Written between 1962 and 2019, these varied works have one commonality: the composers are all women. Before this project, Cahill’s concerts featured an equal number of male- and female-written pieces.

“That’s ideal,” she said from her Berkeley home, not far from where she grew up. “But here are works all written by women, mostly pieces no one has heard. I hope people will say `I want to explore these composers.’

“It’s an important project — 2020 is the 100th anniversary of women’s suffrage. With the #MeToo movement and what is happening politically, hearing suppressed voices is urgent and timely.”

Cahill’s third festival concert, at 6:30 p.m. Sunday, will center on pioneering Bay Area composer Terry Riley. Cahill has played and worked with Riley over the years and released “Eighty Trips Around the Sun: Music by and for Terry Riley.” The three-CD boxset featured her playing his compositions and Riley-inspired work by other composers.

“Terry’s known as a minimalist, but he is so much more.” Cahill noted. “His later music reflects his experience with raga, jazz, honkytonk and ragtime. He puts a whole spectrum of music in one piece.”

Not coincidentally, the Carlsbad Music Festival puts a whole spectrum of music in one three-day event, offering many adventures for those with open-minded ears.

For the complete festival schedule, see

More on “The Future is Female”

One familiar composer who music pianist Sarah Cahill will play this weekend is the visionary Pauline Oliveros, who co-founded the music department at University of California at San Diego. Cahill, who worked with the late Oliveros in San Francisco, will perform what she called “a very fun piece” by Oliveros, “Quintuplets’ Play Pen.”

Another Bay Area connection is Theresa Wong, a cellist, pianist, composer and “queer person of color.”

“I wanted her as part of the project mainly because I love her music and we’re friends,” Cahill said. “Hers was an important contribution.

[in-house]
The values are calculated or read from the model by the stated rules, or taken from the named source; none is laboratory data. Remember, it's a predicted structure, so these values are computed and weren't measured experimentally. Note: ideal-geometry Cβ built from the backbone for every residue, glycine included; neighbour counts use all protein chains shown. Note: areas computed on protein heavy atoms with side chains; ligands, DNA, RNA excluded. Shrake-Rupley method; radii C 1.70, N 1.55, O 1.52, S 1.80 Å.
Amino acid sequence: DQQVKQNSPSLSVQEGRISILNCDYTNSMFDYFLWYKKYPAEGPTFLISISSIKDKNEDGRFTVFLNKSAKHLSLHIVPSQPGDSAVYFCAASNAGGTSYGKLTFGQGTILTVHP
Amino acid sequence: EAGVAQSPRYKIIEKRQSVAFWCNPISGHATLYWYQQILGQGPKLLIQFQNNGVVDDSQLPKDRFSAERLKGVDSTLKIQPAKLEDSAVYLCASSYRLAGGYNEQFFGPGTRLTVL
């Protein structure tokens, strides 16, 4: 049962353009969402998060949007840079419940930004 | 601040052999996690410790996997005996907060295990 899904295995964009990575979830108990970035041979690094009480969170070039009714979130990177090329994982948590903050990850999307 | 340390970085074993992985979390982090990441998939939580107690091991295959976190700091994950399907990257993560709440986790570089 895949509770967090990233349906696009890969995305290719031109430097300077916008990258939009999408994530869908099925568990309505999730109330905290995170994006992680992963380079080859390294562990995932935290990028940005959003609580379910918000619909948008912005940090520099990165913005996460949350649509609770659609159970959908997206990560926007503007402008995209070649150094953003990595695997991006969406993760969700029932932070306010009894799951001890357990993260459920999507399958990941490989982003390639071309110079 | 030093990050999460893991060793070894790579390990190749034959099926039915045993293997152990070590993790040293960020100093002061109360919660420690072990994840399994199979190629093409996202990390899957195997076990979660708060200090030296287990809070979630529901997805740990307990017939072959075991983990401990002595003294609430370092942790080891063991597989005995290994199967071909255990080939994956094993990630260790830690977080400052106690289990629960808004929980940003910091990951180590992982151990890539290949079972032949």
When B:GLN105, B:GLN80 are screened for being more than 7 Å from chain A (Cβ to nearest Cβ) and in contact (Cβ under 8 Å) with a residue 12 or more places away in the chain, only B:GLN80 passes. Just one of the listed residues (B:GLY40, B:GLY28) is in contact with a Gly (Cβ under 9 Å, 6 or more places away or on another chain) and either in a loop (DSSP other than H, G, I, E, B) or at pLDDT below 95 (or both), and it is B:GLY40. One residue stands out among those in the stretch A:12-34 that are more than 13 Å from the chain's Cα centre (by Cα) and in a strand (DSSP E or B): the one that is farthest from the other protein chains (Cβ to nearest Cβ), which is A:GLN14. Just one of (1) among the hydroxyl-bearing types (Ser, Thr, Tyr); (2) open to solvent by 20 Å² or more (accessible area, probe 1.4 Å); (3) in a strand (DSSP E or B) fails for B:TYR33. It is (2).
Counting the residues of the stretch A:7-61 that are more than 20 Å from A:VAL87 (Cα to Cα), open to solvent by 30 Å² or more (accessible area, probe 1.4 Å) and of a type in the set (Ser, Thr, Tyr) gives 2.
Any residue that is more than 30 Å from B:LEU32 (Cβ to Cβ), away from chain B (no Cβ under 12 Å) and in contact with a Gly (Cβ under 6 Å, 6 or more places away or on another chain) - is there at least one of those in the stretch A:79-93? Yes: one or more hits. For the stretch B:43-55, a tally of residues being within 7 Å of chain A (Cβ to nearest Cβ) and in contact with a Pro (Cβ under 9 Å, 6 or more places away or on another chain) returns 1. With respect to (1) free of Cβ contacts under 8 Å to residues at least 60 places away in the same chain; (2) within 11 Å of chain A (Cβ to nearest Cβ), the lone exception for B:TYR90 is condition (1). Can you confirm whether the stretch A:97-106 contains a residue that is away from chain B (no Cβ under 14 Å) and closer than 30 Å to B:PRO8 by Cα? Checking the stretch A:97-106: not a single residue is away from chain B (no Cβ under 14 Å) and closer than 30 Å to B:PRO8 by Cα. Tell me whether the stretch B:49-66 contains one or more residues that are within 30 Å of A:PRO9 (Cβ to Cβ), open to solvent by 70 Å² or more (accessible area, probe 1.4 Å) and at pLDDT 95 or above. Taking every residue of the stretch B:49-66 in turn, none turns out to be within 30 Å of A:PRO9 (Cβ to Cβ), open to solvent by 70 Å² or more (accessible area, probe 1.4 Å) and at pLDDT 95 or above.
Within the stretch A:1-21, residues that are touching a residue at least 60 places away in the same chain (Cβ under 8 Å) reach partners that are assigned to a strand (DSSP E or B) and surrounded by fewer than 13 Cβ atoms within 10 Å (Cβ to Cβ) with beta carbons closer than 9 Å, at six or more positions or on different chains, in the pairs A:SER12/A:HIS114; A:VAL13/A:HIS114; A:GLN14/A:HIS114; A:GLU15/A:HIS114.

For all these pieces, the music comes first. It has to be musically compelling, whatever the background of the composer. “

Cahill usually introduces the works she performs, in order to put them in context and identify instruments unfamiliar to many listeners.

Wong’s “She Dances Naked Under Palm Trees” was inspired by a Nina Simone song. Irish composer Deirdre Gribbin’s “Unseen” is about the homeless population in London.

Annea Lockwood’s “Ear-Walking Woman” is an exploration of the piano’s interior that uses cedar moth balls, bubble-wrap, mallets, a Tibetan singing bowl and other instruments.

“I want to show that this is just a fraction of (the female-written compositions) out there,” Cahill said. “There is so much great music to be heard.”

16th Annual Carlsbad Music Festival

When: 5 p.m.–10 p.m. Friday; 1:30 p.m.–10 p.m. Saturday; noon–8:15 p.m., Sunday

Where: The festival’s hub is at St. Michael’s By the Sea, 2775 Carlsbad Blvd., Carlsbad

Tickets: Free with passes obtained at the gate or online (donations suggested); $209-$239 for three-day VIP packages (limited availability).


Wood is a freelance writer.